Code reviews: Don’t be lax here. Don’t let bugs through: that’s sabotage. It’s not in your interest as a worker to let capital think that its workers are saboteurs.

Technical debt: Obviously there’s no reason for you to focus the slightest attention on repaying technical debt. That just increases the value of the company without increasing your value to the company. Systems with a lot of technical debt are especially difficult for cheap new hires to navigate effectively, too. That’s what you want.

Meetings: Meetings are especially good because they provide the opportunity to identify problems and push their resolution up the management chain. In a world where forgiveness has been replaced with layoffs, it is vastly better to ask for permission than forgiveness. Do this frequently. Encourage your managers to do the same. They’re in the same boat you are.

Process improvement: Is this your job? Then no.

Class warfare and the conscientious engineer

If you’re a conscientious engineer, you are probably going to find the above suggestions somewhere between counterintuitive and horrifying. You should! They are horrifying! This is how deeply capital’s war on workers is scarring our profession.

These people are actively trying to take your wealth away from you and keep it for themselves. You need to protect yourself.

Oh, yeah, we should also have a union. Sure. Let’s get on that one of these days.

But right now, capital needs to understand that if they want value, they have to pay for it. And we, as workers, need to understand that if things have deteriorated to the point where we’re being squeezed out of our jobs even though our employers are so profitable that they’re buying back stock, there’s no reason for us to provide the slightest bit of value that we’re not being paid for.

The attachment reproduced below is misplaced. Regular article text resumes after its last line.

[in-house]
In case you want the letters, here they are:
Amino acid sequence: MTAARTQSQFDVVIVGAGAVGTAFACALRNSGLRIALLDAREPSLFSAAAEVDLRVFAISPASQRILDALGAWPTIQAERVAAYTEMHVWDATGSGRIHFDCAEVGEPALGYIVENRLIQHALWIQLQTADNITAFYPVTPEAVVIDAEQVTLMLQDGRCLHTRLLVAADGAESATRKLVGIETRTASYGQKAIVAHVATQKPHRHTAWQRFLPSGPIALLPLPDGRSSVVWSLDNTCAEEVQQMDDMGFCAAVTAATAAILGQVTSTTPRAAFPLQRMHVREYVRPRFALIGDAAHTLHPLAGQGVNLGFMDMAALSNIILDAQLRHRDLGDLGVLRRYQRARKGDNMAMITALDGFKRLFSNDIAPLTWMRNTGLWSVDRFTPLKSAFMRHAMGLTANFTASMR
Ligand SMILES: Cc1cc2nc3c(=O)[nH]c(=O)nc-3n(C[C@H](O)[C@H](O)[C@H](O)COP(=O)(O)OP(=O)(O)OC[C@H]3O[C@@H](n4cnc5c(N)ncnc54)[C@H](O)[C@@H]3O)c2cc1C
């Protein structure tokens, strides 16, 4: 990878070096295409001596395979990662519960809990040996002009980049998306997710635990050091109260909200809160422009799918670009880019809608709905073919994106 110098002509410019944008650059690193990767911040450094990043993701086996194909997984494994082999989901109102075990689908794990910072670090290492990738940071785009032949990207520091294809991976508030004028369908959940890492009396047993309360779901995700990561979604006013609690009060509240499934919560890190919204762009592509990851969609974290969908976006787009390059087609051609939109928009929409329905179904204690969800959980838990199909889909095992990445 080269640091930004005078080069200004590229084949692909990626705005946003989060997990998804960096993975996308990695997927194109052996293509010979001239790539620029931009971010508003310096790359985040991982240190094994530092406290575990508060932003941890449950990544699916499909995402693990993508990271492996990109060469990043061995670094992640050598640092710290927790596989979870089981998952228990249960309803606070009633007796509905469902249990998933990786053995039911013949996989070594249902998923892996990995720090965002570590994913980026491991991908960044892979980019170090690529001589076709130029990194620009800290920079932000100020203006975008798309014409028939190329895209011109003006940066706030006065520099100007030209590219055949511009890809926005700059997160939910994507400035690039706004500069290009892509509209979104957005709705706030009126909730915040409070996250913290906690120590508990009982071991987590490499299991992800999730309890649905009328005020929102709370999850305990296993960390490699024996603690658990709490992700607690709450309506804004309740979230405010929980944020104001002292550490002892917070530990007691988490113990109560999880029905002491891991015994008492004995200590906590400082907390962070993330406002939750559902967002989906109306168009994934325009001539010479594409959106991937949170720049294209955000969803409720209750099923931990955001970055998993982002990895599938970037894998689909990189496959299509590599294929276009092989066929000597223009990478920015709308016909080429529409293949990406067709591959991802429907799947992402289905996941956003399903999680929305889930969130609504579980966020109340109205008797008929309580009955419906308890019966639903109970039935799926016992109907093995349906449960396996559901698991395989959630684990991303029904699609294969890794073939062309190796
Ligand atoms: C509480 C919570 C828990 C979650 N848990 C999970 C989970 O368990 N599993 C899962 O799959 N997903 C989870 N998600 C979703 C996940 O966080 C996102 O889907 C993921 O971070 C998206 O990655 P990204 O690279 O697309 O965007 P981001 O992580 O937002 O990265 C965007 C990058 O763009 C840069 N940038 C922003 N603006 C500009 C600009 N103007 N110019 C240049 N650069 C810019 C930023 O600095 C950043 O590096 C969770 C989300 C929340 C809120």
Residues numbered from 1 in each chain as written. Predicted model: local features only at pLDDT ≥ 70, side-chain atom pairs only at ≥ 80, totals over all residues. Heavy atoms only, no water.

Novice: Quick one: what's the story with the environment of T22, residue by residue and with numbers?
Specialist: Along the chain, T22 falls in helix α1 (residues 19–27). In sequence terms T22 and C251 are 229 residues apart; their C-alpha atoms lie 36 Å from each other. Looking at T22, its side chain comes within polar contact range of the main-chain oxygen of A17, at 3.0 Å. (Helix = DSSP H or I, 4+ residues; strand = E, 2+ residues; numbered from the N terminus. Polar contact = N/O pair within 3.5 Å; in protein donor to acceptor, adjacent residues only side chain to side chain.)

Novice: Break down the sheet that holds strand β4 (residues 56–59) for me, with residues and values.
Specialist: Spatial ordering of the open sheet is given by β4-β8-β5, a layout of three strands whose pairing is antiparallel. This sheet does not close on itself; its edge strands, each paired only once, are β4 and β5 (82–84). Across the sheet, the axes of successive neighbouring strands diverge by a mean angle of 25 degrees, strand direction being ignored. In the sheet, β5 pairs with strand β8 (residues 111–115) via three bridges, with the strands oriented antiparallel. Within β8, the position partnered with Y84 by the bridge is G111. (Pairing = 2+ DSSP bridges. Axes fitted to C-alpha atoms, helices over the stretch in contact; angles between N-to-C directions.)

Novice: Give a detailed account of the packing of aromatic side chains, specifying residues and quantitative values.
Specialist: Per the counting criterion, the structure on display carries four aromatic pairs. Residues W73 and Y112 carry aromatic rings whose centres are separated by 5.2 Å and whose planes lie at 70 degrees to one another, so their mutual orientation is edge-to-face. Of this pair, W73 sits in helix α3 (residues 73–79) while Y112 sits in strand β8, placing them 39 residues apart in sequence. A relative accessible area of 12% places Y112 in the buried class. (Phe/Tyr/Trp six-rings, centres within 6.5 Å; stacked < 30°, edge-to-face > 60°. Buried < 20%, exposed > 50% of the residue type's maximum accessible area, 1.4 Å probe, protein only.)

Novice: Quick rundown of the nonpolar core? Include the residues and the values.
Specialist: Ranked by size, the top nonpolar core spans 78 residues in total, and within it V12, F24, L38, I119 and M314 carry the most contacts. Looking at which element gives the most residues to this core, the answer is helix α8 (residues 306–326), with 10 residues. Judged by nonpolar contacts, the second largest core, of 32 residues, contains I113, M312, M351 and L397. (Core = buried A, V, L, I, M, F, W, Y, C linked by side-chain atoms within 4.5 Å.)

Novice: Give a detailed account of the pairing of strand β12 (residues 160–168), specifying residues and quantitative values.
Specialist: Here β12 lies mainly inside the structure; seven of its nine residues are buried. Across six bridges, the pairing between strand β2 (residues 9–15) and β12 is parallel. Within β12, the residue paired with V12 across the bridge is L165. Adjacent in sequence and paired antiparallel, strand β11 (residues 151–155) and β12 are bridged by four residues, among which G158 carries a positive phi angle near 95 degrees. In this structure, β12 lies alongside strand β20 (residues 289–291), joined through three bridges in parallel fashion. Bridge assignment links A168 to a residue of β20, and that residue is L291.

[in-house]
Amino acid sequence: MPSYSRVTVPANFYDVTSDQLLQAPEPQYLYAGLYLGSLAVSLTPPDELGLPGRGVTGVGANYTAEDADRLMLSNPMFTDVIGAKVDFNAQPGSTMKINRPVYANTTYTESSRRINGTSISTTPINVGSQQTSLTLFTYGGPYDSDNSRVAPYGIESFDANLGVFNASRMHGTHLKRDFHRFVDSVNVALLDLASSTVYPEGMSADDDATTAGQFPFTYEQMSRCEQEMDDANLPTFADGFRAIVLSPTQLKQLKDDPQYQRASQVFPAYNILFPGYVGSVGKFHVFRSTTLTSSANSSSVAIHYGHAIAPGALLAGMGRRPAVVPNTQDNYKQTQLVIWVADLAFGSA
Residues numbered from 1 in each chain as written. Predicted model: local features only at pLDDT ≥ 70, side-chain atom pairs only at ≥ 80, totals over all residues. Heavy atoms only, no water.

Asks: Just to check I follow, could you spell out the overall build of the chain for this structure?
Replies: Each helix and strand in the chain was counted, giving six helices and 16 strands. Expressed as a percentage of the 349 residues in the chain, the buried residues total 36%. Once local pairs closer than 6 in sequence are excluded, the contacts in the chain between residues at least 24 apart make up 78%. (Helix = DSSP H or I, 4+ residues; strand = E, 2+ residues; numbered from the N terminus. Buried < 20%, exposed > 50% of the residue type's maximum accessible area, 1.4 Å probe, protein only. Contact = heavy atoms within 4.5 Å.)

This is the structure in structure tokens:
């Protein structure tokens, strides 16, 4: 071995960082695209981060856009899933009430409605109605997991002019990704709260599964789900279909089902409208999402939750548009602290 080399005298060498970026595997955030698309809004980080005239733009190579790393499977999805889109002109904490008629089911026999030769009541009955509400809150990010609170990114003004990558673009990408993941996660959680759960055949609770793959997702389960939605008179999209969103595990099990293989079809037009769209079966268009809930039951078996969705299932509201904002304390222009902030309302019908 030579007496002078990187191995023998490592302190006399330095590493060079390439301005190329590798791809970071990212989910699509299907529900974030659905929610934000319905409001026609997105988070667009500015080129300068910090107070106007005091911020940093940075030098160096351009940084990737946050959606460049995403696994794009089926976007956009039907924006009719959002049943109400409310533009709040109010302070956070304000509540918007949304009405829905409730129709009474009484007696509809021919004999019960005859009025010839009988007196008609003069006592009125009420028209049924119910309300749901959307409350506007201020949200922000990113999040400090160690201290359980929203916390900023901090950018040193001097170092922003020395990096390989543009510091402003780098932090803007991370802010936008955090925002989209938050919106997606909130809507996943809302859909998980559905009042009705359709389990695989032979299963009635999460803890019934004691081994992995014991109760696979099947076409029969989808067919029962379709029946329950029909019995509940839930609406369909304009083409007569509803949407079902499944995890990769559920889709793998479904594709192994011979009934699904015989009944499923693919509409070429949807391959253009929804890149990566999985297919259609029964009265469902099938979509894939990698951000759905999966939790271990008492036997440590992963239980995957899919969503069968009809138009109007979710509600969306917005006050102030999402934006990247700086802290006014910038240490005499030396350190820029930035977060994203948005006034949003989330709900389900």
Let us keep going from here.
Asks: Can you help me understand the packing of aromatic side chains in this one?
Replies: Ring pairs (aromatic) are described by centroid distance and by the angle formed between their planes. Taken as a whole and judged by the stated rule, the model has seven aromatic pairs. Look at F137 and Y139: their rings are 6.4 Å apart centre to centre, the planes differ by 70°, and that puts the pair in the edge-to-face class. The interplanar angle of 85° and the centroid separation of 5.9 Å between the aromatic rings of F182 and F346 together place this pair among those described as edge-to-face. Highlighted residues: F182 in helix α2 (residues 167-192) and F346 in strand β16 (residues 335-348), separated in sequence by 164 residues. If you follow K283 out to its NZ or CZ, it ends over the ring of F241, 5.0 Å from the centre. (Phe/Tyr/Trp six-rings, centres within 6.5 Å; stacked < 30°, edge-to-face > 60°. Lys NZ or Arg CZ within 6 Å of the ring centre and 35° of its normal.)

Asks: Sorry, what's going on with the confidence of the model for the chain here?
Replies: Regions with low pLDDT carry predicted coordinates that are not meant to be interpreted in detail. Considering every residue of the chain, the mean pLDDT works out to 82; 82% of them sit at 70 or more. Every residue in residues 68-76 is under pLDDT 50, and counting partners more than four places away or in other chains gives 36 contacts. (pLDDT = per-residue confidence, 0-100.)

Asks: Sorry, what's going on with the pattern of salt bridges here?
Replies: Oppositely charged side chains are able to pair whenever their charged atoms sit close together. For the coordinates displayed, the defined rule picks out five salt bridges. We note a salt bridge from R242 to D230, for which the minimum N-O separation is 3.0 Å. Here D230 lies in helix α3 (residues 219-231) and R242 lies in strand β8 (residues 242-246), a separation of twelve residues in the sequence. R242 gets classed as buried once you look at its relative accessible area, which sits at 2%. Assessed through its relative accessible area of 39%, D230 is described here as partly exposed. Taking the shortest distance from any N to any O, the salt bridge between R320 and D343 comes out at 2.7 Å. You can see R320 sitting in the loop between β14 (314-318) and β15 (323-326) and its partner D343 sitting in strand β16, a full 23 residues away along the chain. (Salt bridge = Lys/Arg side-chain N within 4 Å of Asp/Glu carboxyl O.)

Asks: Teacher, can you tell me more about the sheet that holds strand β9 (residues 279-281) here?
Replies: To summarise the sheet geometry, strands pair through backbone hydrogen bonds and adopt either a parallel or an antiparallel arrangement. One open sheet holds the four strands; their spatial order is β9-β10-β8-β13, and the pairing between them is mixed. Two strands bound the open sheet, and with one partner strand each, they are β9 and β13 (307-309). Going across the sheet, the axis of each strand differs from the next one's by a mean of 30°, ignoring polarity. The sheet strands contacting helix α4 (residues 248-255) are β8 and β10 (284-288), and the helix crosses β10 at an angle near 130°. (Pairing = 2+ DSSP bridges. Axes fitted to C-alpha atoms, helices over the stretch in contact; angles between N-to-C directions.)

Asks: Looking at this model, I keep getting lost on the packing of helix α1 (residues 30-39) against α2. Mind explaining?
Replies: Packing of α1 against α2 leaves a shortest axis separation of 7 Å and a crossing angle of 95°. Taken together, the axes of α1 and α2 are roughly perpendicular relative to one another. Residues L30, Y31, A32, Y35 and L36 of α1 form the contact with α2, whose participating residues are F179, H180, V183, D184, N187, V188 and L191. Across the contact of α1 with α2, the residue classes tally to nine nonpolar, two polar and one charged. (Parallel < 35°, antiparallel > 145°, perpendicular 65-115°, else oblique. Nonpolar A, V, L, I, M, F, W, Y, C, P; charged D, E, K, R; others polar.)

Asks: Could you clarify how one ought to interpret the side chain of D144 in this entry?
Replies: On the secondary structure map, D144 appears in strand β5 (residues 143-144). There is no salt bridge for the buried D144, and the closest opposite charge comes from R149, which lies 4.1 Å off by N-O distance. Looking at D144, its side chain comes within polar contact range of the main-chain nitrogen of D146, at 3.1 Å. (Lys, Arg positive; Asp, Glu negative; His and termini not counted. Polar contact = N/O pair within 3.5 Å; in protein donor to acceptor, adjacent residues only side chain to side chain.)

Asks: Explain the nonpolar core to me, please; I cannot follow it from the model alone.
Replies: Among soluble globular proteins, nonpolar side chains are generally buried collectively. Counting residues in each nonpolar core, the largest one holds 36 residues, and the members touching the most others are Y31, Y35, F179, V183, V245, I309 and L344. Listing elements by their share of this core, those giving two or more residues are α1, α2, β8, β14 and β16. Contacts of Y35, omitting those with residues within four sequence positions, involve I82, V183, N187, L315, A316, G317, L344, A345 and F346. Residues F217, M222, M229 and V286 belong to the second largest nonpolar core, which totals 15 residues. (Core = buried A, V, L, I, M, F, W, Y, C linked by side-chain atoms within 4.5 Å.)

The turnaround

The most important thing to understand about the present moment is that while we’ve gone a couple of decades without this kind of concerted effort at driving down tech salaries, it’s a thing that has happened over and over again. Unless your company is fundamentally unsound (I’m looking at you, Spotify), there’s a bottom.

Once the company reaches the bottom, and capital starts suffering from the damage it is inflicting on the company, it will turn around. The history of Silicon Valley is full of these moments. The classic signal is getting rid of the business-focused CEO and hiring an engineering-focused one.

As the people who are the direct losers in this phase of the game, it is in our interest to bring the turnaround about as quickly as we can.

The death of engineering culture that I’ve talked about here is going to happen, sooner or later, in all of these companies. That’s because it is entirely natural for workers to perceive what their interests are and act accordingly. This all happened at HP back when Carly Fiorina was their CEO, for instance. But it took years.

It doesn’t have to. We know what’s happening. We know what’s coming, too. That means responding now. Don’t wait two quarters to see how the wind blows before grudgingly deciding to act in your own interest. Your CEO has already killed your company’s engineering culture. Let it die quickly.

Today is the day to schedule a meeting to discuss the aspects of an engineering issue that should really be handled by your manager’s manager. Today is the day to skip over the opportunity to explain that thing that you do every time that thing crashes. Today is the day to set your interview preferences to “never.”

We built this in the first place. We can build it back once capital has taken its punishment.